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Viagogo back on Google after advertising ban lifted

In a blow to anti-ticket touting campaigners, Google is once again accepting advertising from Viagogo in a majority of territories

By Jon Chapple on 26 Nov 2019

Viagogo is pushing tickets for Lewis Capaldi’s 2020 arena tour via Google ads

Viagogo is pushing tickets for Lewis Capaldi’s 2020 arena tour via Google ads

image © Capitol Music Group

Just four months after its indefinite suspension from Google Ads, Viagogo’s ads once again appear at the top of Google’s search results for some of the biggest upcoming shows, after the ban was quietly lifted last week.

The controversial secondary ticketing giant – which yesterday announced its acquisition of chief rival StubHub for over US$4 billion – was banned from advertising on Google globally in July following pressure from the live music industry and consumer-rights groups, leading to a reported 70% reduction in website traffic.

The decision to prevent Viagogo from paying its way to the top of the Google’s search results came after the search engine removed more than 2bn ads found to be in breach of its policies or the law in the previous 12 months, IQ reported at the time. In 2017, Google updated its AdWords policy to force secondary sites to be clearer on pricing and prevent them from posing as official sellers, among other measures.

The suspension was hailed as a “landmark moment” by anti-ticket touting campaigners, with Adam Webb of FanFair Alliance describing it as “a major step forward [in] preventing exploitation of audiences in the secondary ticketing market”.

While many in the industry put little stock in Viagogo’s promises that it would work to have the suspension lifted “as quickly as possible” – one campaigner says they hoped the ban would be permanent – the Swiss-based company is already back to advertising on Google Ads globally, with the exception of countries whose regulators have not yet told Google they are satisfied Viagogo is in compliance with local law (at present, the Czech Republic, Sweden, Finland, Hungary, Japan, Slovakia and Taiwan).

Viagogo has agreed to not advertise in the Czech Republic, Sweden, Finland, Hungary, Japan, Slovakia and Taiwan

A spokesperson for Viagogo tells IQ that, “after having worked closely with them [Google] in the background”, the site’s ads were reinstated last week. “The company has worked closely with Google and is pleased with this outcome.”

With the exception of the seven territories listed above, IQ understands Viagogo is now deemed to be in compliance with the following Google criteria:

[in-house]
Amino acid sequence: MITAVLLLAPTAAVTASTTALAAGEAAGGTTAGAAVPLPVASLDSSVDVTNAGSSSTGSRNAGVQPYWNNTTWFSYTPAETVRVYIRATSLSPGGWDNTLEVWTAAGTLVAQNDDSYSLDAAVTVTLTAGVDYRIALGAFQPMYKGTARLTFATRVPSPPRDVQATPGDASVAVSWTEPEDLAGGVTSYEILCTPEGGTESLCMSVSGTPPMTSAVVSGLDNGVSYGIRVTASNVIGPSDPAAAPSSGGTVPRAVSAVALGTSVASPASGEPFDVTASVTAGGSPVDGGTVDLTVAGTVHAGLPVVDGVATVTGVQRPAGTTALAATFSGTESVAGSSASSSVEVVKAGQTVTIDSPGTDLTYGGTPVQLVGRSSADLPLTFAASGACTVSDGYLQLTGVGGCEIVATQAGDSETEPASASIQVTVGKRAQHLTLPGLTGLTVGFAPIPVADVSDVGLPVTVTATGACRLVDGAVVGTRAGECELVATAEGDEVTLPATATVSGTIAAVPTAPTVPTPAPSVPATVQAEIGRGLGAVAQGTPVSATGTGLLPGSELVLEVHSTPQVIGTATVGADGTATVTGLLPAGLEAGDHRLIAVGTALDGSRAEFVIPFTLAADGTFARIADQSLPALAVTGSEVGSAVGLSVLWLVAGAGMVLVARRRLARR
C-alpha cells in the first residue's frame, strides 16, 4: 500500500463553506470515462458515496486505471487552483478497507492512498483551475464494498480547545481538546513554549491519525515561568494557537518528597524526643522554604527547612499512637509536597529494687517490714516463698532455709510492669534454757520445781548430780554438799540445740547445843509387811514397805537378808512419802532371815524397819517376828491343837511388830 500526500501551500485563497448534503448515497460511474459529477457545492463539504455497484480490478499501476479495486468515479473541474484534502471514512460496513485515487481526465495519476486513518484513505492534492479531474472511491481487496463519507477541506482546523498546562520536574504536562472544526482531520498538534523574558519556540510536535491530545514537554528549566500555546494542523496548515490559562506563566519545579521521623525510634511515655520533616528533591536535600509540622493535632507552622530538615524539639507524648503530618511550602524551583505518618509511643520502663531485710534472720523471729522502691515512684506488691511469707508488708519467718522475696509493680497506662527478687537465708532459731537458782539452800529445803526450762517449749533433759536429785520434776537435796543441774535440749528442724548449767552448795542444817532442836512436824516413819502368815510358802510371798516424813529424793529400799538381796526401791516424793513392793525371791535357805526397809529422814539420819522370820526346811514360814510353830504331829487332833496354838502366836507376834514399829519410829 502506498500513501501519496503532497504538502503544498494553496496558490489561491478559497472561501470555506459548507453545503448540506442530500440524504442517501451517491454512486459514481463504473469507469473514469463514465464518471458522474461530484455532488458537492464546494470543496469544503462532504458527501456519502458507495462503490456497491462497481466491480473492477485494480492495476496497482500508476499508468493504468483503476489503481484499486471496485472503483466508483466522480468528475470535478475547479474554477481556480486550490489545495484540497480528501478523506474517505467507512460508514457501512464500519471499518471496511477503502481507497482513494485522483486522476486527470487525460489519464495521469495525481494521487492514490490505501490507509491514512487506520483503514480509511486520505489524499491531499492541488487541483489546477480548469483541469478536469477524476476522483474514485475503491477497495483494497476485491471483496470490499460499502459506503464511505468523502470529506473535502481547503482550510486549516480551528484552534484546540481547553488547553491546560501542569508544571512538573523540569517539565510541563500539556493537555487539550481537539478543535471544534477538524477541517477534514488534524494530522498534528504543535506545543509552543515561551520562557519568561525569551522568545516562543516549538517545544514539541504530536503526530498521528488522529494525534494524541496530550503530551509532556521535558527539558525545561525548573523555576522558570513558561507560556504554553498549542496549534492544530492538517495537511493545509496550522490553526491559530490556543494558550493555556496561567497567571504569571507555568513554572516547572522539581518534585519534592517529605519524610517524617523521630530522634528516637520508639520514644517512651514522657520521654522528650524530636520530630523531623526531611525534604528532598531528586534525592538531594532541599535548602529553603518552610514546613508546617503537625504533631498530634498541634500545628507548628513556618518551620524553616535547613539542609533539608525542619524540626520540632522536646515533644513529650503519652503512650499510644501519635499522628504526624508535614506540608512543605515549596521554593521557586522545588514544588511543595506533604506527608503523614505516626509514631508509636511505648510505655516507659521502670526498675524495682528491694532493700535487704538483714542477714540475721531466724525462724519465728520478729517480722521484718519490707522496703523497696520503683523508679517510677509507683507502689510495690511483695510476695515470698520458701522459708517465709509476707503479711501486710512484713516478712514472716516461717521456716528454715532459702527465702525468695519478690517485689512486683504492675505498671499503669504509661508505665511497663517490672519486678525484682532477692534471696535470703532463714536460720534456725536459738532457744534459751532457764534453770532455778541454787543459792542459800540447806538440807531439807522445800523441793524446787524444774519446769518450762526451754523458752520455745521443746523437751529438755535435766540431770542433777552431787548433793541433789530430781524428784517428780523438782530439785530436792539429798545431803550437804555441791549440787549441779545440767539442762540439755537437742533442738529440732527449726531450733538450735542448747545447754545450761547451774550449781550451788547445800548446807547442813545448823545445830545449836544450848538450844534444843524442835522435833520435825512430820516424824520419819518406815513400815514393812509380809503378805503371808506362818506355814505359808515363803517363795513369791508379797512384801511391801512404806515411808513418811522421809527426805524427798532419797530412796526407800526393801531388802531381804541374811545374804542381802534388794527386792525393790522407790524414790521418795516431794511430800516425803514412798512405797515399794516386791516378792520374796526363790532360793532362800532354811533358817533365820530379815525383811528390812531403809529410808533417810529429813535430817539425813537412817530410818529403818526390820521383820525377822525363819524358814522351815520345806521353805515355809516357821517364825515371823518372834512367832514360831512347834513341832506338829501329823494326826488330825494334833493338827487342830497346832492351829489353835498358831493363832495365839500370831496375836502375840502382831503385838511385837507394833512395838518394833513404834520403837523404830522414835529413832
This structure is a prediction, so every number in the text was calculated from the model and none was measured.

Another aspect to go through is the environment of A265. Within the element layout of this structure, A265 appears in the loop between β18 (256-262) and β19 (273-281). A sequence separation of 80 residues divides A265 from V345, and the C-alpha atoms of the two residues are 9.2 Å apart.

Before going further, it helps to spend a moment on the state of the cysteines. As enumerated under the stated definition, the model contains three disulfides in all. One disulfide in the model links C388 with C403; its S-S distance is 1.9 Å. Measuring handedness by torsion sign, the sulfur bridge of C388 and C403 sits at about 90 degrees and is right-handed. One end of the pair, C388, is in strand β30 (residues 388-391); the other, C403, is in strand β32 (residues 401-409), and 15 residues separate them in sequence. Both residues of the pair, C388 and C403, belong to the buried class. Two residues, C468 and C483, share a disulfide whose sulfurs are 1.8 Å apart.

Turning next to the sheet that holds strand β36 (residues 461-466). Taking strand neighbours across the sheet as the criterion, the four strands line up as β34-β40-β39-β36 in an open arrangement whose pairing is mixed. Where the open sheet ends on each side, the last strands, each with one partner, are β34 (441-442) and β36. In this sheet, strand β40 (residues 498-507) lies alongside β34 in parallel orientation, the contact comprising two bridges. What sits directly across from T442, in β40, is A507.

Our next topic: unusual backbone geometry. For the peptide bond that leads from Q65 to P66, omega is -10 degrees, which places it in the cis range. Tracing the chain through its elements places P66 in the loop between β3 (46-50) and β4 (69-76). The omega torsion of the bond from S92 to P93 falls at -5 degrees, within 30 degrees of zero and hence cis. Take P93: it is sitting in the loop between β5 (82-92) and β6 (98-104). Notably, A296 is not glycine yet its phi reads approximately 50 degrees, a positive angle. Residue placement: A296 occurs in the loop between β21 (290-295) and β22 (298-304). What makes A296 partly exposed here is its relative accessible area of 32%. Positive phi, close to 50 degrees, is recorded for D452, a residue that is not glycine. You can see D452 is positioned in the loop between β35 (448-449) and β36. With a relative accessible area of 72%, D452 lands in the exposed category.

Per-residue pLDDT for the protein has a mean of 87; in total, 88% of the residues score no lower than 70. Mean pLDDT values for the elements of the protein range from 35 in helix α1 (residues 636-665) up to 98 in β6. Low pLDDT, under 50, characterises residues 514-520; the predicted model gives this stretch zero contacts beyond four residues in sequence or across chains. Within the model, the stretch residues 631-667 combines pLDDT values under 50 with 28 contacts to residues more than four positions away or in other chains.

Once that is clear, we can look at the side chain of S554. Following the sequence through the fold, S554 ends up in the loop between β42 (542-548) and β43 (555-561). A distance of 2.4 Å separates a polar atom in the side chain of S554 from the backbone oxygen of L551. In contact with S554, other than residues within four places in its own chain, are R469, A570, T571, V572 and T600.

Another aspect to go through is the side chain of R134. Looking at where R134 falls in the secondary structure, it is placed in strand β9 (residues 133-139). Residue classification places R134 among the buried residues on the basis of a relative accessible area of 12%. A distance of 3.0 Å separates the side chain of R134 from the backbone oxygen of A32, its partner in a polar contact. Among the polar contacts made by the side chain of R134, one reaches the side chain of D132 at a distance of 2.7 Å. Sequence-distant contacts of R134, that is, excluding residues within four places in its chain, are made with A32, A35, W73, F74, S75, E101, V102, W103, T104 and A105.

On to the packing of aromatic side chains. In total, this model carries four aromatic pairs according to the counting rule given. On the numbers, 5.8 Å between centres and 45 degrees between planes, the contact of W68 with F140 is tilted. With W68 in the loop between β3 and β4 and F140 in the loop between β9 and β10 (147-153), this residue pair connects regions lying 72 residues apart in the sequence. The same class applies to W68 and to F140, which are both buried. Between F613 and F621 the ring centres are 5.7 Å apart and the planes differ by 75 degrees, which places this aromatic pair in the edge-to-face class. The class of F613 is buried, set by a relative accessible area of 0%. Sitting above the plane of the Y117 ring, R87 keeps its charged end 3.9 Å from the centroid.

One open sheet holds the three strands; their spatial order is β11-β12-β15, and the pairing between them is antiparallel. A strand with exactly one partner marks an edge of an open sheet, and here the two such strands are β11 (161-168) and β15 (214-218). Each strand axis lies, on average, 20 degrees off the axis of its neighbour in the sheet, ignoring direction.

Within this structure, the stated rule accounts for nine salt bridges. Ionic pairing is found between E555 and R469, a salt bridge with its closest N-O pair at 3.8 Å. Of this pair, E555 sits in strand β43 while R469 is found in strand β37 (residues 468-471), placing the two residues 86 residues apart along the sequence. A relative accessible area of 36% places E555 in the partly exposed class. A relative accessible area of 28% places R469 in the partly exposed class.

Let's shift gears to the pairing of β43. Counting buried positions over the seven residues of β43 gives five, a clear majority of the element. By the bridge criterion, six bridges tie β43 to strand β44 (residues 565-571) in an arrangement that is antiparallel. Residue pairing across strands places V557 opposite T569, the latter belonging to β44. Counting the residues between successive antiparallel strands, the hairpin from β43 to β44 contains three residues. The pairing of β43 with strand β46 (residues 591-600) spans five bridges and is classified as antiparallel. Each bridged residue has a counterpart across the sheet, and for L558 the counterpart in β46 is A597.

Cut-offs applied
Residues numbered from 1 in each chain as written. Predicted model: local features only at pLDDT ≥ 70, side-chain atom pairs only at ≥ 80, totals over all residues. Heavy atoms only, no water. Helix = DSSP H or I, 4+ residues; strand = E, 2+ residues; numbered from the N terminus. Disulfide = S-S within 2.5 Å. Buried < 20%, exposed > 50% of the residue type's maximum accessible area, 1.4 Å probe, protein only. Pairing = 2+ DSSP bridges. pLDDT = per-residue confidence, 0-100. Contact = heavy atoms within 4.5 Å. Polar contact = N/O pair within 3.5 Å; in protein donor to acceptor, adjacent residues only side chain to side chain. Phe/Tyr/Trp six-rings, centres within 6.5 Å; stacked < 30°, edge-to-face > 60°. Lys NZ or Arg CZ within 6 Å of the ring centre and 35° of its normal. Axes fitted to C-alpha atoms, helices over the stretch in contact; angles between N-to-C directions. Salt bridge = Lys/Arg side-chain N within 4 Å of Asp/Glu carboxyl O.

• To cease advertising where doing so breaches the law, and come into compliance with local legal and regulatory requirements, including ensuring that all consumer warnings issued by official authorities are appropriately remediated
  • Make clear the total ticket price at the beginning of the customer journey, as well as separating out the fees, as is required by the Google Ads event ticket sales policy
  • Make clear any applicable delivery fees
  • Make clear that tickets subject to resale restrictions may not provide access to the event (the full disclaimer, approved by the UK’s CMA and also used in other territories, reads: “Please note that your ticket may be invalid for entry to the event. It’s only in rare cases that customers have been refused entry to events similar to this, although those events may not have had resale restrictions. You will be protected by our guarantee if you attempt entry and are refused. That’s our promise – enjoy the event.”)
  • Cease advertising tickets for resale where resale is “legitimately prohibited
  • Cease claiming that tickets are valid when organisers and event promoters find them invalid

“The company has worked closely with Google and is pleased with this outcome”

It is understood Google’s decision to reinstate Viagogo ads is not related to the company’s takeover of StubHub, which reportedly came as news to Google execs yesterday.

At press time, searches for which Viagogo advertisements appear at the top of Google search results in the UK (where IQ is based) include “the 1975 tickets”, “Billie Eilish tickets”, “Madonna tickets”, “Rod Stewart tickets”, “Travis Scott tickets”, “Lewis Capaldi tickets” and “Diana Ross tickets”.

Lewis Capaldi tickets Viagogo search result

In a statement, a Google spokesperson says: “Any advertiser can appeal a suspension, and if we find that they have made appropriate changes to their account they may be eligible for reactivation.

“We still continue to enforce our policies and we will take action against ads or accounts that violate our policies.”


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